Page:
Presentation on theme: "HIRING: BEST PRACTICES AND LEGAL PITFALLS Drew Bracken Ahlers & Cooney, P.C. 100 Court Avenue, Suite 600 Des Moines, Iowa 50309 (515) 243-75611"— Presentation transcript:
HIRING: BEST PRACTICES AND LEGAL PITFALLS Drew Bracken Ahlers & Cooney, P.C. 100 Court Avenue, Suite 600 Des Moines, Iowa (515)
I. JOB DESCRIPTIONS The single most important document for human resources management s. The job description should be the touchstone for every decision affecting any individual’s employment including hiring, performance evaluation, discipline, and discharge.
B.Essential Elements. 1.Job Classification. 2.Job Functions or Tasks 3.Job Qualifications and Requirements 4.Working Conditions
II. NOTICE OF VACANCIES - PUBLIC EMPLOYERS A. Veterans Preference Requirement – Iowa Code Section 35C.1 1.In every public department and upon all public works in the state, and of the counties, cities, and school corporations of the state, veterans are entitled to preference in appointment and employment over other applicants of no greater qualifications.…
2.The application form shall contain an inquiry into the applicant's military service....
3.In all jobs of political subdivisions of the state, public notice of the application deadline to fill a job shall be posted at least ten days before the deadline in the same manner as notices of meetings are posted under section 21.4.
B. Other Internal Requirements Union contracts Other internal requirements in the form of policy or handbook may exist and should be followed.
III.ADVERTISEMENT A.Federal Mandates B.Cast a Wide Net C.Word-of-Mouth
IV. EMPLOYMENT APPLICATIONS A.Unsolicited Applications
B. Form and Content 1.Nondiscrimination Policy Statement 2.Personal Information 3.Information Regarding the Job Being Applied For 4.General Information 5.Work Experience 6.Educational experience 7.Verification and Release
V. SCREENING APPLICATIONS A.Set Deadline for Applications B.Screening Unqualified Applicants C.Selecting Interview Candidates D.Documentation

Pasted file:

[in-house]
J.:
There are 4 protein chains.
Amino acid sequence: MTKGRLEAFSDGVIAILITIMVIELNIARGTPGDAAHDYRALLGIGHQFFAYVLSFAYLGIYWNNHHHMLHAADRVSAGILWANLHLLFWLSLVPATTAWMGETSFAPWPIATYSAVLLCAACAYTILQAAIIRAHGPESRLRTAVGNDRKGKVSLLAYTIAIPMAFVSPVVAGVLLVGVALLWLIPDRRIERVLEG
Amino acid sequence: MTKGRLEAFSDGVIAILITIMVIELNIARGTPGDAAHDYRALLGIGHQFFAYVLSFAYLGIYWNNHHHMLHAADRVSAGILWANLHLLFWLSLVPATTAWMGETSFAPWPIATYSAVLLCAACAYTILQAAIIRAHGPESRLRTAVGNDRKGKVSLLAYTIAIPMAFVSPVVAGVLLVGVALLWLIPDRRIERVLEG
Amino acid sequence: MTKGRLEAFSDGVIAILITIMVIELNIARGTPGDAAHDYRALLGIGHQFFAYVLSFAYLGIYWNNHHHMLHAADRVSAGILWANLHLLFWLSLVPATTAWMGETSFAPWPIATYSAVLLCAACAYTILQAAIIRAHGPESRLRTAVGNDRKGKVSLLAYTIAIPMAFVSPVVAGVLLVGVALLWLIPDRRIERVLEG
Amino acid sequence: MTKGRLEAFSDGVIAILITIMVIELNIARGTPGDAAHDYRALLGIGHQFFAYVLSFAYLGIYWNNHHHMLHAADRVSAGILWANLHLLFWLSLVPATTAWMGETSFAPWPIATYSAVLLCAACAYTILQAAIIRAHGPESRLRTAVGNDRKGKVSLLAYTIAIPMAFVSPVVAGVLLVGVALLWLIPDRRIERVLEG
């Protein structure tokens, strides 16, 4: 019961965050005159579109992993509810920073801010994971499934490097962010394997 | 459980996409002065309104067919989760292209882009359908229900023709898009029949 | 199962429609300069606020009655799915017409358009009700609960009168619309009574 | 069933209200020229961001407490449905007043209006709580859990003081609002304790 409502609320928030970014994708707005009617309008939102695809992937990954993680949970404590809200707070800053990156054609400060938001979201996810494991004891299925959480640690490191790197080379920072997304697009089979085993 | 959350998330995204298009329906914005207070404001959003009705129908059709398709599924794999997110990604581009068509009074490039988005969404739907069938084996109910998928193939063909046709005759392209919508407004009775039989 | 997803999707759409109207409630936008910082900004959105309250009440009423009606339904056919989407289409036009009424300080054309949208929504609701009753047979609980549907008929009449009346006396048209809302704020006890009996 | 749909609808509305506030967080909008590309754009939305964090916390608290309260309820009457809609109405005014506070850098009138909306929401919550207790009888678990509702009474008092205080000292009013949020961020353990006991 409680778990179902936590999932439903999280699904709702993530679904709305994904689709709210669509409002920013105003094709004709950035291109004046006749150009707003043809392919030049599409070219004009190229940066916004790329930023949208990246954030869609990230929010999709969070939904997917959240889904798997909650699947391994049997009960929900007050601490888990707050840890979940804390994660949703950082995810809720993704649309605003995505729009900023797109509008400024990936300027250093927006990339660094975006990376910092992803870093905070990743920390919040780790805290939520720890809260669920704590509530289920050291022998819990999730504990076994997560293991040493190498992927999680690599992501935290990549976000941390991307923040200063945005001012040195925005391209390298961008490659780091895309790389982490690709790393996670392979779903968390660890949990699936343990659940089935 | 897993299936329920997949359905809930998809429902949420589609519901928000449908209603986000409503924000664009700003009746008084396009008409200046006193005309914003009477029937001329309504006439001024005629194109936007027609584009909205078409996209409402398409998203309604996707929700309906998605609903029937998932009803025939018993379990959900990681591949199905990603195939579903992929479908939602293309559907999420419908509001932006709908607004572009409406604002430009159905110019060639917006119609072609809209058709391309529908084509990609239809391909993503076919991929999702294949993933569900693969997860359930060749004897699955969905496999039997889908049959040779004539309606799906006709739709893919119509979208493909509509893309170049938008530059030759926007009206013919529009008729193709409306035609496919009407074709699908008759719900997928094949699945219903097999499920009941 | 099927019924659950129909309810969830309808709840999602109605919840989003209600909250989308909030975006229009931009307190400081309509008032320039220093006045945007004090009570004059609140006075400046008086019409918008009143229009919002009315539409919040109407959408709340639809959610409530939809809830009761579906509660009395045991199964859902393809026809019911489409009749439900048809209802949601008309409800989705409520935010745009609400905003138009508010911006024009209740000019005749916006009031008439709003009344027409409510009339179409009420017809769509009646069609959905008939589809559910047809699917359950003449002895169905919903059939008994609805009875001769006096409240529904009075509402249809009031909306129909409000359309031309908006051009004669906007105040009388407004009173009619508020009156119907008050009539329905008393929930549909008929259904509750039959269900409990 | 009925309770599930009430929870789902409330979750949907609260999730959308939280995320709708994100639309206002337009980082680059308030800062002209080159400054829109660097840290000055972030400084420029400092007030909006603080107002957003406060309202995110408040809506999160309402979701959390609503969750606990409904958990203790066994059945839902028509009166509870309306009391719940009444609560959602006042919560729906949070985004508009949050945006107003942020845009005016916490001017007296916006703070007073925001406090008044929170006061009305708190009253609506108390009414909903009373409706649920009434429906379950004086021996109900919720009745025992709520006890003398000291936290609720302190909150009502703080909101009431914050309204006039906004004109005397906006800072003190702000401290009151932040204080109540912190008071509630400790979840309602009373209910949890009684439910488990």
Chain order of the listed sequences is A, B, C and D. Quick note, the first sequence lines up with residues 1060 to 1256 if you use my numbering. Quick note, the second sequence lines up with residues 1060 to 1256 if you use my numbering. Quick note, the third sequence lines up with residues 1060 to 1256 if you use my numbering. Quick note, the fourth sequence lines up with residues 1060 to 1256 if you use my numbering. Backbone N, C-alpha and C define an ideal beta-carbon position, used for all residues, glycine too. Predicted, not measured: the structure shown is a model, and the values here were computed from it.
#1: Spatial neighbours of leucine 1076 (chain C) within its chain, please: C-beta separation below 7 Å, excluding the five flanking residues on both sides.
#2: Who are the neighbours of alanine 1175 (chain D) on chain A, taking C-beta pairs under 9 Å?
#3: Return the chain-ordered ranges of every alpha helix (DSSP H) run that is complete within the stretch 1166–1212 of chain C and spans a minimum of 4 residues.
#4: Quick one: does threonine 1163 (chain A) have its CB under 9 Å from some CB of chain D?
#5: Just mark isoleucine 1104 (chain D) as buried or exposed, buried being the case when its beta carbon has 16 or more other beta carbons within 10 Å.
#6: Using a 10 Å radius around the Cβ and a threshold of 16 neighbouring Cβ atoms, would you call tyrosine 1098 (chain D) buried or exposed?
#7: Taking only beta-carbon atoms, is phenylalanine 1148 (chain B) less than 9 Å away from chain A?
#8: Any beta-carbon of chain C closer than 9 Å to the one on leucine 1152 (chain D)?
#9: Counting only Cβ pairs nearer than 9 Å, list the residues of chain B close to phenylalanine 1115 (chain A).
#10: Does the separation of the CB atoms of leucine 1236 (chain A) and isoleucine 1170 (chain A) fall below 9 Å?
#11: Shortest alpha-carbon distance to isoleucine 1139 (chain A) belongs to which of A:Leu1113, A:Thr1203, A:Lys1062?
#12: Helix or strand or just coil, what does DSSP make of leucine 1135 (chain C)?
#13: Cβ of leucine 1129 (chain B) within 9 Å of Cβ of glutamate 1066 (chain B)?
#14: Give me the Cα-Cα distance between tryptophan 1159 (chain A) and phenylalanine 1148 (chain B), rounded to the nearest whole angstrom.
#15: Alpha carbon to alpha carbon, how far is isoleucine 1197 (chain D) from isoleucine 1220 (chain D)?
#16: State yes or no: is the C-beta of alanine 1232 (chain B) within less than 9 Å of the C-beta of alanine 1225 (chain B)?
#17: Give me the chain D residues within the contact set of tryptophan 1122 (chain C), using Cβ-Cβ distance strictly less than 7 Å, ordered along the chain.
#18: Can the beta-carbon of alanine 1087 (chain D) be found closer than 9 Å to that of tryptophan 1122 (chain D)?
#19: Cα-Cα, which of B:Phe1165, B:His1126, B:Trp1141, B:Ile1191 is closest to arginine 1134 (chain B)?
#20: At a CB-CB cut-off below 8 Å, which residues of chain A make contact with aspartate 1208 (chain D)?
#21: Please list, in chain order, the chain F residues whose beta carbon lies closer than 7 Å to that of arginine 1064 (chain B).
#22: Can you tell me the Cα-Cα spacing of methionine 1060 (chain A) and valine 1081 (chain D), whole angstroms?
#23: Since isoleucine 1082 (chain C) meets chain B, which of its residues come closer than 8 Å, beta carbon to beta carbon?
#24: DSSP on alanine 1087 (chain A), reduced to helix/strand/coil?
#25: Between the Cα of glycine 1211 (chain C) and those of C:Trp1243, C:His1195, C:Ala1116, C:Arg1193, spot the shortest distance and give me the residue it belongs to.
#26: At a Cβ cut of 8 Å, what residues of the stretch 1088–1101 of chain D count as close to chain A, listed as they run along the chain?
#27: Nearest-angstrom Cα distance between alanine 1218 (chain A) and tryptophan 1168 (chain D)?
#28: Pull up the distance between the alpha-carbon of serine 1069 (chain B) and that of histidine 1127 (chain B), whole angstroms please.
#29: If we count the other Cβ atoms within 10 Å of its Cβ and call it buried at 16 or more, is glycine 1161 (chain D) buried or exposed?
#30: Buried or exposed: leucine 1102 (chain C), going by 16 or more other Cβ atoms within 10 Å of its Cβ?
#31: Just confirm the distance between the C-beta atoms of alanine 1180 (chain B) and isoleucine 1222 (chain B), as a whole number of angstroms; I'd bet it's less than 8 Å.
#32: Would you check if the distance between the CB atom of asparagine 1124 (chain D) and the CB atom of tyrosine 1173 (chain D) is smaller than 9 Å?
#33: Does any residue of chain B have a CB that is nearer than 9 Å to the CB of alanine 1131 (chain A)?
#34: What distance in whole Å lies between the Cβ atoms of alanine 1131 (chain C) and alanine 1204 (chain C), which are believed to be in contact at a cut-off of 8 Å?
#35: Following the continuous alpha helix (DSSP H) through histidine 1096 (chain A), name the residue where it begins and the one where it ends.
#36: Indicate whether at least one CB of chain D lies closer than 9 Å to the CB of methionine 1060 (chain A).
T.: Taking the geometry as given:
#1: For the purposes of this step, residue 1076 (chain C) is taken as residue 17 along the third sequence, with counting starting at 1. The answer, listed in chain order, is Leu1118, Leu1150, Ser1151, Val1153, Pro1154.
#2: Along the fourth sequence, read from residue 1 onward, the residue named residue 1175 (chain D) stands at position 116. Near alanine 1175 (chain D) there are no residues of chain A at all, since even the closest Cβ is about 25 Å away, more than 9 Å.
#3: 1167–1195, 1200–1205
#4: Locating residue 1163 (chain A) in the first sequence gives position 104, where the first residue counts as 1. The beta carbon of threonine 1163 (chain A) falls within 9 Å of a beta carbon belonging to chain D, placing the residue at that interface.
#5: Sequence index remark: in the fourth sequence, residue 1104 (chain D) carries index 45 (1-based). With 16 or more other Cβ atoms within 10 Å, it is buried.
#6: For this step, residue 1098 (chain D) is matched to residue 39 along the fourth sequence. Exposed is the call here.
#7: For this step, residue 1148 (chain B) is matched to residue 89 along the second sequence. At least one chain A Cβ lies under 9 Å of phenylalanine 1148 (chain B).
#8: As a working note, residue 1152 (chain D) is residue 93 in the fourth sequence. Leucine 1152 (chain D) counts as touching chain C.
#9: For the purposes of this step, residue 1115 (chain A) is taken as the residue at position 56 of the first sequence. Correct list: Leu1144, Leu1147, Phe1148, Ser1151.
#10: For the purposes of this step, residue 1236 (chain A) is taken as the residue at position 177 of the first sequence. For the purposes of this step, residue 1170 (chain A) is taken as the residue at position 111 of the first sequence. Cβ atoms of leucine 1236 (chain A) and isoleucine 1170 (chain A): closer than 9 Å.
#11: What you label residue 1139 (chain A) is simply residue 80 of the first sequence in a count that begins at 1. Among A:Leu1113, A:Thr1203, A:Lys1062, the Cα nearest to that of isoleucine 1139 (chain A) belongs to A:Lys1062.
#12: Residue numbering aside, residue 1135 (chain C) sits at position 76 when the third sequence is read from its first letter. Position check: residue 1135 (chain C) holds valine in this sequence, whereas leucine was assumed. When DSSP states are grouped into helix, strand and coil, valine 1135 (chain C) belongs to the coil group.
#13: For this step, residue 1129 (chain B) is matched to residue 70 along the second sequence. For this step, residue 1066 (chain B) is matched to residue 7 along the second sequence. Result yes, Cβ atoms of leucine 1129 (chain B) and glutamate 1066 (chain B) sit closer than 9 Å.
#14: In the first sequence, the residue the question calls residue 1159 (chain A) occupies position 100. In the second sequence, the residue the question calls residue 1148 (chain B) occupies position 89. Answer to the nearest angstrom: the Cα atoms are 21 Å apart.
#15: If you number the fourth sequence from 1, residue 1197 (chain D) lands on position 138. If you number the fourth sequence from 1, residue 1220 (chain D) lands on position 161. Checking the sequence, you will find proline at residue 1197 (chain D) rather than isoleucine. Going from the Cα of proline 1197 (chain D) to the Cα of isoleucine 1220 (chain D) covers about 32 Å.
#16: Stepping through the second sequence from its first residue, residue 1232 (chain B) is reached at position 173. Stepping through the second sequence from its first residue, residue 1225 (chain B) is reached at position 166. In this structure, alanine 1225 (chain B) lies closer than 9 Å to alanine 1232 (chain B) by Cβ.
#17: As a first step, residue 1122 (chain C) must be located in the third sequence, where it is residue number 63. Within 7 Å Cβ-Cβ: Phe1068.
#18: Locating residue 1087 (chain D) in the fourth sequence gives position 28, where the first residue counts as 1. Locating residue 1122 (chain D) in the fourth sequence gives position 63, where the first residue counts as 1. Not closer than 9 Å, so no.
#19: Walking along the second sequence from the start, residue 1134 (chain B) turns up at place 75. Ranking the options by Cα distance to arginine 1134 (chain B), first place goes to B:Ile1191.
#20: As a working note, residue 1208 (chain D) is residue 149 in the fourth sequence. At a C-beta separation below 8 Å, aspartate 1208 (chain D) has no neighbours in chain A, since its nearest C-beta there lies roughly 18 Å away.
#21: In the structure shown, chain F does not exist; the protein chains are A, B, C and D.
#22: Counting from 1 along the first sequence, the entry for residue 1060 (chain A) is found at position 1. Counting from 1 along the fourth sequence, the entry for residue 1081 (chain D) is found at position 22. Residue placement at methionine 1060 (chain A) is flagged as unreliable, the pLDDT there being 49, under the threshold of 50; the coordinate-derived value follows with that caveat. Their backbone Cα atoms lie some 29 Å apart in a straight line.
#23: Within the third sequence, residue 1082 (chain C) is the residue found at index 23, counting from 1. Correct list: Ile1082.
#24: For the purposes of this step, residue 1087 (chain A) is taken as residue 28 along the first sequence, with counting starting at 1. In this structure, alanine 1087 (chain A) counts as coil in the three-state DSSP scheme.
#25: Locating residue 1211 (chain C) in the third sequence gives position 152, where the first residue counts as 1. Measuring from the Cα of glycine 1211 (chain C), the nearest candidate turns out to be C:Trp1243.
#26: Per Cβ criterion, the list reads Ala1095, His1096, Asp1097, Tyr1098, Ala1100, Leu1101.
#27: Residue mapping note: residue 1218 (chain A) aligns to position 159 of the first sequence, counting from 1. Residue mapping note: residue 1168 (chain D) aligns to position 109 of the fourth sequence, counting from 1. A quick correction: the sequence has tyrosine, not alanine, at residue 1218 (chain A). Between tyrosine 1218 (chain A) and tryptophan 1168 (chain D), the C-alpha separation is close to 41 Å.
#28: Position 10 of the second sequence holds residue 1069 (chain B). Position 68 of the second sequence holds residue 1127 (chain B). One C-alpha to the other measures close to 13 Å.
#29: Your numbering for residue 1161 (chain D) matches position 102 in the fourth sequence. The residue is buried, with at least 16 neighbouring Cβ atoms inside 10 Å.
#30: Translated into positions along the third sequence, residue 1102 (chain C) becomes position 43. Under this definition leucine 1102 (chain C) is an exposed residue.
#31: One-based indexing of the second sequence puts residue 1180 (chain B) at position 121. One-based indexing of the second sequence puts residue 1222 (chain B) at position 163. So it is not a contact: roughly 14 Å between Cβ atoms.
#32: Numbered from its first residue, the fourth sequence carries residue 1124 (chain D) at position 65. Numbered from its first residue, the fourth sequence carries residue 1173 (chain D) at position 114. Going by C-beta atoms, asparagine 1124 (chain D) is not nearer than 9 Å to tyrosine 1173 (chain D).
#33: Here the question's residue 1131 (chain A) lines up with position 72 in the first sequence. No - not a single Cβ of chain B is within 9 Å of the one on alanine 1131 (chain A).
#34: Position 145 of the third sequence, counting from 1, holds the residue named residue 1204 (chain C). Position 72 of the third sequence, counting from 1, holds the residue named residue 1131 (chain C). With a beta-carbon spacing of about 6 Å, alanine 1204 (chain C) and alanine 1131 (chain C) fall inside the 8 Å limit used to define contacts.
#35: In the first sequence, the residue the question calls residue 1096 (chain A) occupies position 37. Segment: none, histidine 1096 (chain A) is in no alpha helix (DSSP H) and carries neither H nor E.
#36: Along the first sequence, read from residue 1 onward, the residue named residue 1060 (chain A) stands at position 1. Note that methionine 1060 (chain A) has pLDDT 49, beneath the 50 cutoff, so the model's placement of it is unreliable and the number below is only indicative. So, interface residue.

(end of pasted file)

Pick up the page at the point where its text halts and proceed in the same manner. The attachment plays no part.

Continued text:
VI.PRE-EMPLOYMENT INQUIRIES/INTERVIEWS A.Purposes. Pre-employment inquiries are designed for one purpose--to elicit information from which an intelligent employment decision can be made. Questions which are not relevant to the employee selection process should be avoided.
B. Problems Areas As a general proposition, many inquiries are not unlawful per se. However, if a negative employment decision is made, the absence of a legitimate reason for making the inquiry can constitute evidence that the employment decision was made with discriminatory intent.
Questions as to race, sex, religion, national origin, or age. Questions as to marital status, children, child care responsibilities, intentions as to pregnancy or birth control. Questions as to height, weight, etc. Questions as to arrest records.
Questions as to economic status such as credit information or prior bankruptcy or garnishments. Questions about religious views or associations. Questions about other personal matters.
C. Uniformity to the Review and Interview Processes in Order to Prevent Discrimination Claims
D. Disability Discrimination At the interview stage (prior to the offer of employment), an employer may not ask any disability-related questions or require any medical examinations, even if they are related to the job. However...
However, where an applicant has an obvious disability, and the employer has a reasonable belief that he/she will need a reasonable accommodation to perform specific job functions, the employer may ask whether the applicant needs a reasonable accommodation and, if so, what type of accommodation.
The regulations implementing the ADA state that the following questions may not be asked as part of the employment application process: ▸ Have you ever had or been treated for any of the following conditions or diseases? (followed by a checklist) ▸ Have you ever been hospitalized? If so, for what condition? ▸ Have you ever been treated by a psychiatrist or a psychologist? If so, for what condition?
Is there any health-related reason that you may not be able to perform the job for which you are applying? ▸ Have you had a major illness in the past five years? ▸ How many days were you absent from work last year because of illness?
▸ Do you have any physical defects which prevent you from performing certain kinds of work? If yes, describe such defects and specific work limitations. ▸ Do you have any disabilities or impairments which may affect your performance in the position for which you are applying? ▸ Are you taking any prescribed drugs? ▸ Have you ever been treated for drug addiction or alcoholism? ▸ Have you ever filed for workers' compensation benefits or had a work-related injury?